Supreme Court In-plant Manager Honored by PIA
Printing Industries of America has selected an in-plant manager to receive its 2010 Naomi Berber Award, which recognizes a woman in the printing industry who has an outstanding record of accomplishments. Wilma Grant, who heads up the U.S. Supreme Court’s publishing and in-plant printing facility in Washington, D.C., was presented with the award last month in San Francisco at PIA’s fall administrative meetings.
Born to a coal-miner father and a mother who was a registered nurse, Grant spent the first 17 years of her life in her native Scotland. Wanting to see more of the world, she enlisted in the military and worked at the Royal Air Force Signals Command Headquarters for three years. She later married a U.S. Air Force corporal and moved to the U.S.
Her first printing job was at a newspaper in Virginia. She later held several jobs in commercial and newspaper printing before accepting a position with the U.S. Government as a phototypesetter in 1980. A few years later she became the Supreme Court’s “Secure In-Plant Manager” of the Publications Department/Office of Information Technology. She has worked there for the last 30 years and has directed the legal book publishing/typesetting and production of reports, preliminary prints, bench opinions, slip opinions and related products. She also has responsibility for all other in-plant printing, design/graphics, print on demand, data conversions and electronic product delivery of Court documents for the Court’s Hermes telecommunication transmissions and for the Court’s Web site.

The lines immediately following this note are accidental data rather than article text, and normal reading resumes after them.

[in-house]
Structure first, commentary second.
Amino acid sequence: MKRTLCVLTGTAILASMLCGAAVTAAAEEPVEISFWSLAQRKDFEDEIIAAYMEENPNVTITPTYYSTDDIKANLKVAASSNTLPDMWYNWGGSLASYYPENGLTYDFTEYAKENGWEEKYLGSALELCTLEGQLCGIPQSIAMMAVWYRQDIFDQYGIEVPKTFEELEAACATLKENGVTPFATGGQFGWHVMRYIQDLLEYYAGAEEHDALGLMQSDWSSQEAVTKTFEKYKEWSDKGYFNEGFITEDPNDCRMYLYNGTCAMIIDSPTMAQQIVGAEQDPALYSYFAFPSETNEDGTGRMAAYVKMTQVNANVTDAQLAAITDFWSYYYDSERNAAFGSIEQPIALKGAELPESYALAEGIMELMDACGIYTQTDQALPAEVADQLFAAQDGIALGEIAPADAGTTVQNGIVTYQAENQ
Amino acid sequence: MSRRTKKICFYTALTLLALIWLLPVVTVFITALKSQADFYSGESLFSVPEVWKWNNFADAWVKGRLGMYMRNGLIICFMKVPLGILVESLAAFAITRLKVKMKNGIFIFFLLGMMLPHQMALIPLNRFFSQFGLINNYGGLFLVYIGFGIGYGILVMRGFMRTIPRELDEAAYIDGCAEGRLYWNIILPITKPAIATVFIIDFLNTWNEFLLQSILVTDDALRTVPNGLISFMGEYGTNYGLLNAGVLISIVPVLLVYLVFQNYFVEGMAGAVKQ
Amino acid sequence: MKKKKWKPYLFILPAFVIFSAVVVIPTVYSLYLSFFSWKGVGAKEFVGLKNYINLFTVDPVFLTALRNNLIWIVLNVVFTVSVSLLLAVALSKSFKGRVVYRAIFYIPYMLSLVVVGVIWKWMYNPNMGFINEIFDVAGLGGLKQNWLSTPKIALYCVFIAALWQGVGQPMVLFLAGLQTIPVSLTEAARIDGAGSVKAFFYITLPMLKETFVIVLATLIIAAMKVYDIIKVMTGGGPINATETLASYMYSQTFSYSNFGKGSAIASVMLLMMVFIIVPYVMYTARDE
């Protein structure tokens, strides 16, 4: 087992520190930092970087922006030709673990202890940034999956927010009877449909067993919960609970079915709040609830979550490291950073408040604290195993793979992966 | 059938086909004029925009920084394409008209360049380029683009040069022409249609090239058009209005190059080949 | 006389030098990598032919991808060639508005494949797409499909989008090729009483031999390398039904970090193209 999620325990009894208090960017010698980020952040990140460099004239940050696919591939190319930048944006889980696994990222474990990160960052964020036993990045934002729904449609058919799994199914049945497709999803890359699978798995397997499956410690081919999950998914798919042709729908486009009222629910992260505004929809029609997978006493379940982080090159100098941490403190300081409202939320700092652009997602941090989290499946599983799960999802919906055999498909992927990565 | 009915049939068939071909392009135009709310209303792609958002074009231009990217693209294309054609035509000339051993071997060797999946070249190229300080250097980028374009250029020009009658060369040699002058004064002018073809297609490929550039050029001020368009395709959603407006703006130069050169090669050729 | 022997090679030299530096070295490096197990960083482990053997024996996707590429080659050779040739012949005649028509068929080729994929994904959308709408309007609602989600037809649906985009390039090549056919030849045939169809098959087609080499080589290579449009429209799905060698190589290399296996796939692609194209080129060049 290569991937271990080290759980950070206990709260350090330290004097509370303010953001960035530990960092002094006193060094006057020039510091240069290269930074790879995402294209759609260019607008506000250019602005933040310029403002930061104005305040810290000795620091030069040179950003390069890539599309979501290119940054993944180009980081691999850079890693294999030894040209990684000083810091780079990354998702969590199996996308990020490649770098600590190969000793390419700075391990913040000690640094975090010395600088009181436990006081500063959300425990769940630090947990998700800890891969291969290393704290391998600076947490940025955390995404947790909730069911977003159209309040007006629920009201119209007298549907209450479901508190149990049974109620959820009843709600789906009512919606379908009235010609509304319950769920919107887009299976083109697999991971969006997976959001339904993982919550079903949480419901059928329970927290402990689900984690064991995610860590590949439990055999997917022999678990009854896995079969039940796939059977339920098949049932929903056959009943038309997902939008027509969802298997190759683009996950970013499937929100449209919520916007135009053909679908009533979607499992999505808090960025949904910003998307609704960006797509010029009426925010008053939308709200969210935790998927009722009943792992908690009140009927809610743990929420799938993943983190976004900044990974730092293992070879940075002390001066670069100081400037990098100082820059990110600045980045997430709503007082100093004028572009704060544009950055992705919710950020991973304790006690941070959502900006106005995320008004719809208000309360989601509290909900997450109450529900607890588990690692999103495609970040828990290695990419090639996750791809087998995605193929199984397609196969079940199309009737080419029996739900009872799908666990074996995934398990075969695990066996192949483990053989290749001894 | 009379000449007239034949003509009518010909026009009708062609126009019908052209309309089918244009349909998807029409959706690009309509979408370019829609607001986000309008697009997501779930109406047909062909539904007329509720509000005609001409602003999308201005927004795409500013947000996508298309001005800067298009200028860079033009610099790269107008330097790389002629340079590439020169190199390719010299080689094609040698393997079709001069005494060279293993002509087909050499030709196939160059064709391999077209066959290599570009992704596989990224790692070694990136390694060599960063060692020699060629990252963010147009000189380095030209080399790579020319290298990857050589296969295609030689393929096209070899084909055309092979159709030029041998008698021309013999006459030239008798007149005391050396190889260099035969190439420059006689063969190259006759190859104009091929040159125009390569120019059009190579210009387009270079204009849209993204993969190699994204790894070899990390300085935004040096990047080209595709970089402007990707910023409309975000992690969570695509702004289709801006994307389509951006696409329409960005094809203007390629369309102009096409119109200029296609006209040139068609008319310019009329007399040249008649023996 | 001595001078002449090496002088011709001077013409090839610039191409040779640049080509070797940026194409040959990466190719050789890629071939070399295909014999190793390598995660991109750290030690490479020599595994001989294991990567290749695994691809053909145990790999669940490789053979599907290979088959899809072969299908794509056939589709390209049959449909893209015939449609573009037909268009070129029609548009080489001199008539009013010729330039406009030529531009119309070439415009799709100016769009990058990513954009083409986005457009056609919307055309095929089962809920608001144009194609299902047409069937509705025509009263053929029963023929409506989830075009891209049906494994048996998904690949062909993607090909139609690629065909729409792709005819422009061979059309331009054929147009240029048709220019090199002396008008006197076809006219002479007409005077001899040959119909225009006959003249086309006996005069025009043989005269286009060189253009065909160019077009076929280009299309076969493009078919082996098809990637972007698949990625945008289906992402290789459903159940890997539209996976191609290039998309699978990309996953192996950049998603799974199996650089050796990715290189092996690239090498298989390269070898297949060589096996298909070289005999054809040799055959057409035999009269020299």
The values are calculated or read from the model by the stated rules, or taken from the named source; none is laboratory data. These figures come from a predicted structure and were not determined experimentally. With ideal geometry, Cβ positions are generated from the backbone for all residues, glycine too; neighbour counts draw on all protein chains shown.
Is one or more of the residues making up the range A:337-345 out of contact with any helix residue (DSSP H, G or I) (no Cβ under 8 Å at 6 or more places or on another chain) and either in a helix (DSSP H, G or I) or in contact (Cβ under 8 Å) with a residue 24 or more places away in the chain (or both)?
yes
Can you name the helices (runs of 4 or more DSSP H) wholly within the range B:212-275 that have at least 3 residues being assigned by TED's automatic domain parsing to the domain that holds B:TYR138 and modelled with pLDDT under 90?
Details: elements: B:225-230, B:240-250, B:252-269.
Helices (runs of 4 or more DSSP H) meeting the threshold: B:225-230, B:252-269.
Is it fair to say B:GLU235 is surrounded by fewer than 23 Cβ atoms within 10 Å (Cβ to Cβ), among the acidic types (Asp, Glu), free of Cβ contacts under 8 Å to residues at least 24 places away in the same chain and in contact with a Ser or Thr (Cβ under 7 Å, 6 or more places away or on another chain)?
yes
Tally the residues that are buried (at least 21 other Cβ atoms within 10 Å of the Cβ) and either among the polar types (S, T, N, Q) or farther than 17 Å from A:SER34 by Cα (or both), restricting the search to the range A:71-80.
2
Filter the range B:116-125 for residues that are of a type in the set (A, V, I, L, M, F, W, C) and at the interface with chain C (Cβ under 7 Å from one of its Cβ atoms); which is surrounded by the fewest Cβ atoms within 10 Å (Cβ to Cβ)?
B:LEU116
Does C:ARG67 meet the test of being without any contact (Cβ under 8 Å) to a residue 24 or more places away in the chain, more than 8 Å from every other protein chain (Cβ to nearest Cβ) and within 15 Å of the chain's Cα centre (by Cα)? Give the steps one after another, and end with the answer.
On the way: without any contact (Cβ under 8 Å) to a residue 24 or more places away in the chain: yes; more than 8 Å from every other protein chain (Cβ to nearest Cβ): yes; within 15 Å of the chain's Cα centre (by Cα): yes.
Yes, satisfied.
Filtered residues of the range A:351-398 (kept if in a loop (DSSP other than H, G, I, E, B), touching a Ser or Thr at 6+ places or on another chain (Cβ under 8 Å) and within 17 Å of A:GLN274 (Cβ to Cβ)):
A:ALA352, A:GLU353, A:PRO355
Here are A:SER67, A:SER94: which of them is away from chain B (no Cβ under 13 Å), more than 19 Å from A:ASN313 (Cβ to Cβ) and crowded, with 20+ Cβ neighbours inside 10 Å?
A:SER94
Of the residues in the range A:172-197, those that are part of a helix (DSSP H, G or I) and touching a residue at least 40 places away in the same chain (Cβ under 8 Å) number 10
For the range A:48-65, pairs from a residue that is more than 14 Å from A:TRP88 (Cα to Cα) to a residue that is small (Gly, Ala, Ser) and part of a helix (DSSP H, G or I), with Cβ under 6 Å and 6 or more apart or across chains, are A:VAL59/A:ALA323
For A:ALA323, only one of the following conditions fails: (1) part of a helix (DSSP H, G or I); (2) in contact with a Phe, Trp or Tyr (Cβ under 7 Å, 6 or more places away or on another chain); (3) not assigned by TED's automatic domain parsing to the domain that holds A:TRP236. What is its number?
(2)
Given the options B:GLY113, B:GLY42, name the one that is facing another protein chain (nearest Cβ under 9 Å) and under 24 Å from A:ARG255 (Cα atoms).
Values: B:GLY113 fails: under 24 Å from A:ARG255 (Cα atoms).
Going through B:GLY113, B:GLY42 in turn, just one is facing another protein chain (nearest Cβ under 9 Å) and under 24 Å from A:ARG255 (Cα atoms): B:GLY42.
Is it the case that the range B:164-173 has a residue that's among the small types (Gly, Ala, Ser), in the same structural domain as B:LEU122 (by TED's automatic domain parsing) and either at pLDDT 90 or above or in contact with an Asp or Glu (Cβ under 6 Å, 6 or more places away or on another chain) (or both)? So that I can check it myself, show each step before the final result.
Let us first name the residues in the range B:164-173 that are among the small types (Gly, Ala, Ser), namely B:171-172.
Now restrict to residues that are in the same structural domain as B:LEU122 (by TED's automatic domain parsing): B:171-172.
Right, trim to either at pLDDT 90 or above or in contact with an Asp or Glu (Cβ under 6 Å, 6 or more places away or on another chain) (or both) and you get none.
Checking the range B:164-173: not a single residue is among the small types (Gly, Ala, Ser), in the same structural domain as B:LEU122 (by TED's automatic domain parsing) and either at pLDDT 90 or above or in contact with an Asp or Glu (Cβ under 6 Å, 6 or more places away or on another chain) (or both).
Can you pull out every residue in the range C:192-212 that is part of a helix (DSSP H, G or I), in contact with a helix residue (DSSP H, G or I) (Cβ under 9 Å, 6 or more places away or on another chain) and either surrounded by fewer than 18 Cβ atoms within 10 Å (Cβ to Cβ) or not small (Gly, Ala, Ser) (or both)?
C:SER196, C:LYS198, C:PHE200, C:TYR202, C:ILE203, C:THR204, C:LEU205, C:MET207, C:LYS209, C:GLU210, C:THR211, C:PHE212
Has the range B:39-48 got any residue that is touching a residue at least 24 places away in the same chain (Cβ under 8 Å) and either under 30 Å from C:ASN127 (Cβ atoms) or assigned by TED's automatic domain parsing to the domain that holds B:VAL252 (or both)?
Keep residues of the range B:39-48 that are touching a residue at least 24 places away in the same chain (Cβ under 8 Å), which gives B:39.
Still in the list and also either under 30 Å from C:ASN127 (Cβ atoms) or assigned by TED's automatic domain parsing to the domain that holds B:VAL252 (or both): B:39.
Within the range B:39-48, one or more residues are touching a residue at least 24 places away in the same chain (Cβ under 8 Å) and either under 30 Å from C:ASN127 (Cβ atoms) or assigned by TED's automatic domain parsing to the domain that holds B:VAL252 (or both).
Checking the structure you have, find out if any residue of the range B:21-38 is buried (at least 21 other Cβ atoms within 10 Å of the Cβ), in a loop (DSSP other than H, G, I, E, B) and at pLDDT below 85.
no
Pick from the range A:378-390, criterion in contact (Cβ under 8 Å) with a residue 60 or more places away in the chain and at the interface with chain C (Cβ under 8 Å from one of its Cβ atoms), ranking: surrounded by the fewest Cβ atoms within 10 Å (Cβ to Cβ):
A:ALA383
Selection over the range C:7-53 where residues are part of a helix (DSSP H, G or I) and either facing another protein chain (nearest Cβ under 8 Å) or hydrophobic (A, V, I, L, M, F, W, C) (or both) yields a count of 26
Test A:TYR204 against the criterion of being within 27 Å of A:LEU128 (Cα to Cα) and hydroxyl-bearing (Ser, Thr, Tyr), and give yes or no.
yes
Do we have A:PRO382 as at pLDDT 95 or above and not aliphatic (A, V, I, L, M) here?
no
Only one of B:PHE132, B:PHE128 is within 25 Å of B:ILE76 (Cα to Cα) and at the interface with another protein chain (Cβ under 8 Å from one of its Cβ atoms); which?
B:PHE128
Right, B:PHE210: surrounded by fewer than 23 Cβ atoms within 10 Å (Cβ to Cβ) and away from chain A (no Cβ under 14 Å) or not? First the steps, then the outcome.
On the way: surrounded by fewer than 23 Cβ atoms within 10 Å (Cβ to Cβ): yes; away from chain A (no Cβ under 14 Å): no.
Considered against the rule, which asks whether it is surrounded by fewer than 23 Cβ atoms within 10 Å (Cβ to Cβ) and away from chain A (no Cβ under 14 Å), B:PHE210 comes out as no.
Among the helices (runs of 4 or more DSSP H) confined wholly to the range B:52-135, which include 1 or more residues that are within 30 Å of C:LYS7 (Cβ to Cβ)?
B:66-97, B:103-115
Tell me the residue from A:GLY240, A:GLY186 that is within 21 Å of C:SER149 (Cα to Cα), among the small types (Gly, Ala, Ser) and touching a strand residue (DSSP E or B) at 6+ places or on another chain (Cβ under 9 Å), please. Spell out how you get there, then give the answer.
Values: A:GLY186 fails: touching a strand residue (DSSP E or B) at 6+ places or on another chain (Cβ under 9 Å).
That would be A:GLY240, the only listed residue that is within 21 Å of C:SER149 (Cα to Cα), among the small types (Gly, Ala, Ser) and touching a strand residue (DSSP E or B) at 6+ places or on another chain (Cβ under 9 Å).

Protecting the security of all such documents on site and backups going off-site fall under her management responsibility, as does disaster recovery for print, an important task for many print managers. In addition, Wilma Grant is responsible for the safety and security of all documents handled by her department.
Following her graduation from George Mason University’s Executive MBA Program in 1995, Wilma pioneered the reengineering of the Court’s Publications Unit with the addition of networked print-on-demand and color technology; an open architecture system; expanded data conversion services; Hermes telecommunications and BBS support; imaging support; extending composition and binding services; and creating an ergonomically attractive printing department.
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